Thus, a closed space E1 is obtained for the plots of distances di, dj, dk, etc. (see FIG. 4) and a closed space E2 is obtained for the distances li, lj, lk, etc. (see FIG. 5). These spaces E1 and E2 correspond to areas where the respective plotted distances dn and ln overlap.
By combining these two spaces, there is obtained a space E1, E2 (see FIG. 6) which is necessarily located within the interior of the object 1.
At this stage of the method, it is therefore known that the object 1 to be defined is located inside the quadrilateral ABCD and outside the space E1, E2. In a subsequent step of the method, the same distances dn and ln traversed by the rays within the object are plotted from the external limits of the necessarily internal space E1, E2 (see FIG. 7) to define a second space E3 which is necessarily external to the object 1 yet which is contained within the quadrilateral ABCD.
The shape and position of the object 1 thereby have been defined with a higher degree of accuracy.
In a subsequent step of the method, the distances di, dj, etc. and li, lj, etc. traversed within the object are plotted from the external limits of the aforesaid space E3 (see FIG. 8) to define a third space E4 which is necessarily located inside the object 1 but is outside the limits of the first space E1, E2. FIG. 8 therefore shows that a better definition of the shape and position of the object has again been achieved.
Starting from this new space E4 which is internal to the object, a new space E5 is determined as before by plotting the distances di, dj, etc. and li, lk, etc. (see FIG. 9). Said new space E5 is necessarily external to the object 1 (as shown in dashed outline in FIGS. 8 and 9) and is within the previously defined space E3 which is external to the object.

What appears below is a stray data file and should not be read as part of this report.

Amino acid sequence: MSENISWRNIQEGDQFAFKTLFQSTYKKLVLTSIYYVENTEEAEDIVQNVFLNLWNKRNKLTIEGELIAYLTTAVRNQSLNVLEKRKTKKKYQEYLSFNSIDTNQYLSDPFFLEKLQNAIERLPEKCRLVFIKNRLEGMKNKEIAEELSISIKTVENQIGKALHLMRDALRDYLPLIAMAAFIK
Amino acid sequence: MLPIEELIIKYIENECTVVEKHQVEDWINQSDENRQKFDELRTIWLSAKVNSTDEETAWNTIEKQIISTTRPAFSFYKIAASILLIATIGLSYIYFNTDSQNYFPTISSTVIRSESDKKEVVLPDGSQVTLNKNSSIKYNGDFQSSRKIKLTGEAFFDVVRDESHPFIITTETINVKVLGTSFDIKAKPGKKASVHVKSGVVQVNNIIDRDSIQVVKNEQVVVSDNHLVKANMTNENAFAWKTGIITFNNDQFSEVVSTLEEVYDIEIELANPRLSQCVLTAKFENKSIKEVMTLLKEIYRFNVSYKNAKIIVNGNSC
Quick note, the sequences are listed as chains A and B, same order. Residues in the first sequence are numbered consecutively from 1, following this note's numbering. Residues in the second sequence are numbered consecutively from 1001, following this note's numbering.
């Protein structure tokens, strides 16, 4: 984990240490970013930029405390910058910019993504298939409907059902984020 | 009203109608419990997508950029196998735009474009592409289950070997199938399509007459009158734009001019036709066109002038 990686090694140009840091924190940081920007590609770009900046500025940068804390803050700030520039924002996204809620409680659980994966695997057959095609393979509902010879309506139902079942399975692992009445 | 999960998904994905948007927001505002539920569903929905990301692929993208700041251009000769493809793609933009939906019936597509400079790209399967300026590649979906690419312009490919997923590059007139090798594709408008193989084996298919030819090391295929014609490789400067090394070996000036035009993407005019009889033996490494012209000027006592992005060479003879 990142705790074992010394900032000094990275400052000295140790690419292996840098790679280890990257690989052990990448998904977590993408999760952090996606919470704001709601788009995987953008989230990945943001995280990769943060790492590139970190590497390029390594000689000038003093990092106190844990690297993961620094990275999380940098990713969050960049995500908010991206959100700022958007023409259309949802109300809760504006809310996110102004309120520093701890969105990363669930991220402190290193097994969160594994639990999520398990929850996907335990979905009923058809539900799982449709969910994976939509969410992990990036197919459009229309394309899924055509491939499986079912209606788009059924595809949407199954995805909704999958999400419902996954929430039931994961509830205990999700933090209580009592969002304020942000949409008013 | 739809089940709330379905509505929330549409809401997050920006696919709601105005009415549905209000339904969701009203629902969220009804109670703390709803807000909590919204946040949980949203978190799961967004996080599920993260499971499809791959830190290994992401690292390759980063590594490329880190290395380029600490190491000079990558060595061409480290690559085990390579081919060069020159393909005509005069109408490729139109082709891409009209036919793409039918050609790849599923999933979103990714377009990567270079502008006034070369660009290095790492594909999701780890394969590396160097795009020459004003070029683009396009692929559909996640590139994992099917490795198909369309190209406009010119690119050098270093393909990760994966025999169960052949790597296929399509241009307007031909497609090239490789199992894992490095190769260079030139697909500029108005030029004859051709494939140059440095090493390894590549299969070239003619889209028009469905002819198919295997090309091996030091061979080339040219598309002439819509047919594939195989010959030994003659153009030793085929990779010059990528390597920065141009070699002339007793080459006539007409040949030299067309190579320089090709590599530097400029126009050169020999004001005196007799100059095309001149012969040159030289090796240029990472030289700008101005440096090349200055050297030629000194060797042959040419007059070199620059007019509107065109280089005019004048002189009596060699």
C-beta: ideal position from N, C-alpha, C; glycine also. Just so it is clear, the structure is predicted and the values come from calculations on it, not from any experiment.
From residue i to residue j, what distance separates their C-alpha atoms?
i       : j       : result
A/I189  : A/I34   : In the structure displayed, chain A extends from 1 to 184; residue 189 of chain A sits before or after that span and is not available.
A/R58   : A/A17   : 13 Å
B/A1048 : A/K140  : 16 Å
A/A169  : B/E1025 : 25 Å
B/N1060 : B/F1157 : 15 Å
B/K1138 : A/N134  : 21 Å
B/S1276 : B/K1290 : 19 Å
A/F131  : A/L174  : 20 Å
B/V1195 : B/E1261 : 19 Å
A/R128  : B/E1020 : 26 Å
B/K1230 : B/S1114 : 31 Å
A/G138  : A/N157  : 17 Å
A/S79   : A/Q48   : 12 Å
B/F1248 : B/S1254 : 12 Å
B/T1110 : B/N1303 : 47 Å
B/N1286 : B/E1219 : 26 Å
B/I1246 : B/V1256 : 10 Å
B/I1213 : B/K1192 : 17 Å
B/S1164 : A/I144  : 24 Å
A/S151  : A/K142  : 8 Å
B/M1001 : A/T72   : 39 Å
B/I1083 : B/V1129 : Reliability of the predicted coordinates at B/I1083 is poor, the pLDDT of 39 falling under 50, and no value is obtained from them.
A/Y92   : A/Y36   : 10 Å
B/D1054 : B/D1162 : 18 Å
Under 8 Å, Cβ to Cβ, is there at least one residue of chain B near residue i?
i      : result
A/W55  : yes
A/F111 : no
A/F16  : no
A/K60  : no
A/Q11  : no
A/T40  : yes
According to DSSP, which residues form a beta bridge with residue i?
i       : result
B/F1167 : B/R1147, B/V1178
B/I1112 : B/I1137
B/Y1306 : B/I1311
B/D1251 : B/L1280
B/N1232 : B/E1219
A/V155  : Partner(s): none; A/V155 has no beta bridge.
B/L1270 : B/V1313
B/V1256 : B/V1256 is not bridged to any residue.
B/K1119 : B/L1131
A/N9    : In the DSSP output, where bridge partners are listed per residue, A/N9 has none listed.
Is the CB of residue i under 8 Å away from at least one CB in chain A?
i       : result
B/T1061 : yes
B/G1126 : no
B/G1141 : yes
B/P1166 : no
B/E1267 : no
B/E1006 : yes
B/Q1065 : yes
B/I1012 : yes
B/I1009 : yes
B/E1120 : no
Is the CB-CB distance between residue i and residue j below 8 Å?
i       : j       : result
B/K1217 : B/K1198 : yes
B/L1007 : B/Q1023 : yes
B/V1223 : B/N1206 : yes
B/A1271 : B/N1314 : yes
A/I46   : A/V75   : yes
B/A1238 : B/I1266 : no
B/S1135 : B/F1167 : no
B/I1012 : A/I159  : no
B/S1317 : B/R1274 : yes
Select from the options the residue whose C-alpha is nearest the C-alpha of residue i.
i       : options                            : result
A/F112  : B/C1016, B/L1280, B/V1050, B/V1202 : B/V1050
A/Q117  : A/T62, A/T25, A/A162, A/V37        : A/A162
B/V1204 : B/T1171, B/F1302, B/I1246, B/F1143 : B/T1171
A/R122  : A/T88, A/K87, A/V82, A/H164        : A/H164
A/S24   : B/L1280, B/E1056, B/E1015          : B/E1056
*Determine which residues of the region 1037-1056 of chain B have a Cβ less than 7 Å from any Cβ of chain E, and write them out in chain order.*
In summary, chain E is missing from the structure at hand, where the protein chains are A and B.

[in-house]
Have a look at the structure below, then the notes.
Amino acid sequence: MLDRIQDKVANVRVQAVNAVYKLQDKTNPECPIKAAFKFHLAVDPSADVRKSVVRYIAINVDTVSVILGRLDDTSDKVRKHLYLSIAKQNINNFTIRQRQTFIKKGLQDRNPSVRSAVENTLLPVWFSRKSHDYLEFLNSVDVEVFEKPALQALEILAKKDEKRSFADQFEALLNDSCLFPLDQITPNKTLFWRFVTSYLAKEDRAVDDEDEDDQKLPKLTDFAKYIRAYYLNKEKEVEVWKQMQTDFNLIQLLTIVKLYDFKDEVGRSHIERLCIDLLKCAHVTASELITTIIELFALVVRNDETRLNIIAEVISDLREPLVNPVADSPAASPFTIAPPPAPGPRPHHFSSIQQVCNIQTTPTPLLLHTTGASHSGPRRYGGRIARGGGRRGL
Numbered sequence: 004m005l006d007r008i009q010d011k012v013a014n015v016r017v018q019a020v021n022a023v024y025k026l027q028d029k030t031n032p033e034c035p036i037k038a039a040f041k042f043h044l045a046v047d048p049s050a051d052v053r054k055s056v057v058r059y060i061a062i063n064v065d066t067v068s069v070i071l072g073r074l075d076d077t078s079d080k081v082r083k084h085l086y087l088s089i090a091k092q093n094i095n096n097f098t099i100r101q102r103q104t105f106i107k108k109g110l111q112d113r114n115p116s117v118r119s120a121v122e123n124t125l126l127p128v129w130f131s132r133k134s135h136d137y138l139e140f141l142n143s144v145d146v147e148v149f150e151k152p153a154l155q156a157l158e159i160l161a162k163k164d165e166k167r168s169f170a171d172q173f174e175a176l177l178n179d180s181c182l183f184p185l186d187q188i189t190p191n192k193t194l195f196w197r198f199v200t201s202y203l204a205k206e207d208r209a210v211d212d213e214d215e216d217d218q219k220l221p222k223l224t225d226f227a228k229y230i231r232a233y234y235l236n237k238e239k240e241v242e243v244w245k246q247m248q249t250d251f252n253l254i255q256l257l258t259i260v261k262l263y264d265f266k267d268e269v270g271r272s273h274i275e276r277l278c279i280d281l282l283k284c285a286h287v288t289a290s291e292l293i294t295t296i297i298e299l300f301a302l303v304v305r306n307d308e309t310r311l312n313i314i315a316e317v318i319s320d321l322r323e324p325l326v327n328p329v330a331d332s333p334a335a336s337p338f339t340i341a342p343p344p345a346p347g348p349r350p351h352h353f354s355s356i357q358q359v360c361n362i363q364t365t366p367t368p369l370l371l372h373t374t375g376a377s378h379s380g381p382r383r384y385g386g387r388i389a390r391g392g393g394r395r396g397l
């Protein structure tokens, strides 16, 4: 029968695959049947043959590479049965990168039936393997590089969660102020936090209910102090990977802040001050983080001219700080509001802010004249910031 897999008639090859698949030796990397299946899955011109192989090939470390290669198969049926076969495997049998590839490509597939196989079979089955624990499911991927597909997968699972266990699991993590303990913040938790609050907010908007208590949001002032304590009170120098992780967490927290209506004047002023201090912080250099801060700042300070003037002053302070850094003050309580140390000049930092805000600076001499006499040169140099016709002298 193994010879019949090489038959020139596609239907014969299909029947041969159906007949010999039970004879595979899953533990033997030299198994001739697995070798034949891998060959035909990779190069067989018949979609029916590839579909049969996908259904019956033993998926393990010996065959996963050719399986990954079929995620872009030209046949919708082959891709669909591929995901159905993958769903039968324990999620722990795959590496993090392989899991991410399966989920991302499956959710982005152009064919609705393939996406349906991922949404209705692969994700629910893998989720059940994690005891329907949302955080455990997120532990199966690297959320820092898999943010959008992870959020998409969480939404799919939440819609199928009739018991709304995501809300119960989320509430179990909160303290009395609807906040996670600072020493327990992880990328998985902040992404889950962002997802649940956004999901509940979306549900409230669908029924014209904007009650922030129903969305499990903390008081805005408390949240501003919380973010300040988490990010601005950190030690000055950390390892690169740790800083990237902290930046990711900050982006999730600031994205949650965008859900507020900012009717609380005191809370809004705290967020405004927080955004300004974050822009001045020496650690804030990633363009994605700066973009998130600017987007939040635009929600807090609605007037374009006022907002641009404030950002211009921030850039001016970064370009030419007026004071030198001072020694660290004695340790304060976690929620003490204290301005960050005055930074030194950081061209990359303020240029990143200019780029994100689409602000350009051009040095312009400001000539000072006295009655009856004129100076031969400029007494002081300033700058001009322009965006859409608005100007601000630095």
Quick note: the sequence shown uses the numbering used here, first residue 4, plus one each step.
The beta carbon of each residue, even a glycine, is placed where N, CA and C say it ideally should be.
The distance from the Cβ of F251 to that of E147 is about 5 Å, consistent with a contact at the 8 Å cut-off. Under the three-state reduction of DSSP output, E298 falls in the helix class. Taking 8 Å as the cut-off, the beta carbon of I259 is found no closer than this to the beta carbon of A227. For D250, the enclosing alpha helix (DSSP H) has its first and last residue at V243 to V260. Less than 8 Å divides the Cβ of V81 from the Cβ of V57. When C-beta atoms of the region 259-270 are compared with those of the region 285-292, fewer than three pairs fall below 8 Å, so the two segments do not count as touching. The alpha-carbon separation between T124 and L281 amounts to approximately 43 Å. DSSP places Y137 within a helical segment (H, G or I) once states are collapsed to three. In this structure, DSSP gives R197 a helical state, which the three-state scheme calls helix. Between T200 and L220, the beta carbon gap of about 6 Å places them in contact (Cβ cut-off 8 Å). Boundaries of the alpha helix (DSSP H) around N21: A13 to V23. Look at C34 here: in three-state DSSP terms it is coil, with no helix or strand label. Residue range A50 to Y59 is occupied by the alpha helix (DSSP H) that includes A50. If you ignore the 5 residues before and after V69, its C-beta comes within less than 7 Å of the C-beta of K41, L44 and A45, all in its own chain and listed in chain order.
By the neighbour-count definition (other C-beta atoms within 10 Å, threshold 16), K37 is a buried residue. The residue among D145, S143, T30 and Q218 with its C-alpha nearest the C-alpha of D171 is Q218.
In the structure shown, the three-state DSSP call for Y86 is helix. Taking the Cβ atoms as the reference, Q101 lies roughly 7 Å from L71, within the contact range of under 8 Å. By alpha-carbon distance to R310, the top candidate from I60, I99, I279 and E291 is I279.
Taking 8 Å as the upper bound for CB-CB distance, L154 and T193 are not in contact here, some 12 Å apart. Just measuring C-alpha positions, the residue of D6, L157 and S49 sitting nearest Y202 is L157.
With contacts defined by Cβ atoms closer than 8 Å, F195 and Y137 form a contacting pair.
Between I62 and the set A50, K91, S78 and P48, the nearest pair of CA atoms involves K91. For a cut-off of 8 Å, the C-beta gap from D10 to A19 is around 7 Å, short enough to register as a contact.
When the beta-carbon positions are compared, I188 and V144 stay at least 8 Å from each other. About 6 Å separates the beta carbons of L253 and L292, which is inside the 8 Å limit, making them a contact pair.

It is apparent from FIG. 9 that the difference between the internal and external spaces E4 and E5 has been reduced still further.
The preceding steps are then repeated in order to determine by iteration spaces which are located outside and inside the object 1 in increasing proximity to the actual outline of said object. The result thus achieved is to determine the position and the shape of the object 1 to any desired accuracy within the quadrilateral ABCD.
Moreover, the convergence of the differences between alternate internal and external spaces is even more rapid in the case in which more than two sources are employed.
It will readily be apparent that, in the case of point sources which emit conical beams, the process which has just been explained is exactly the same.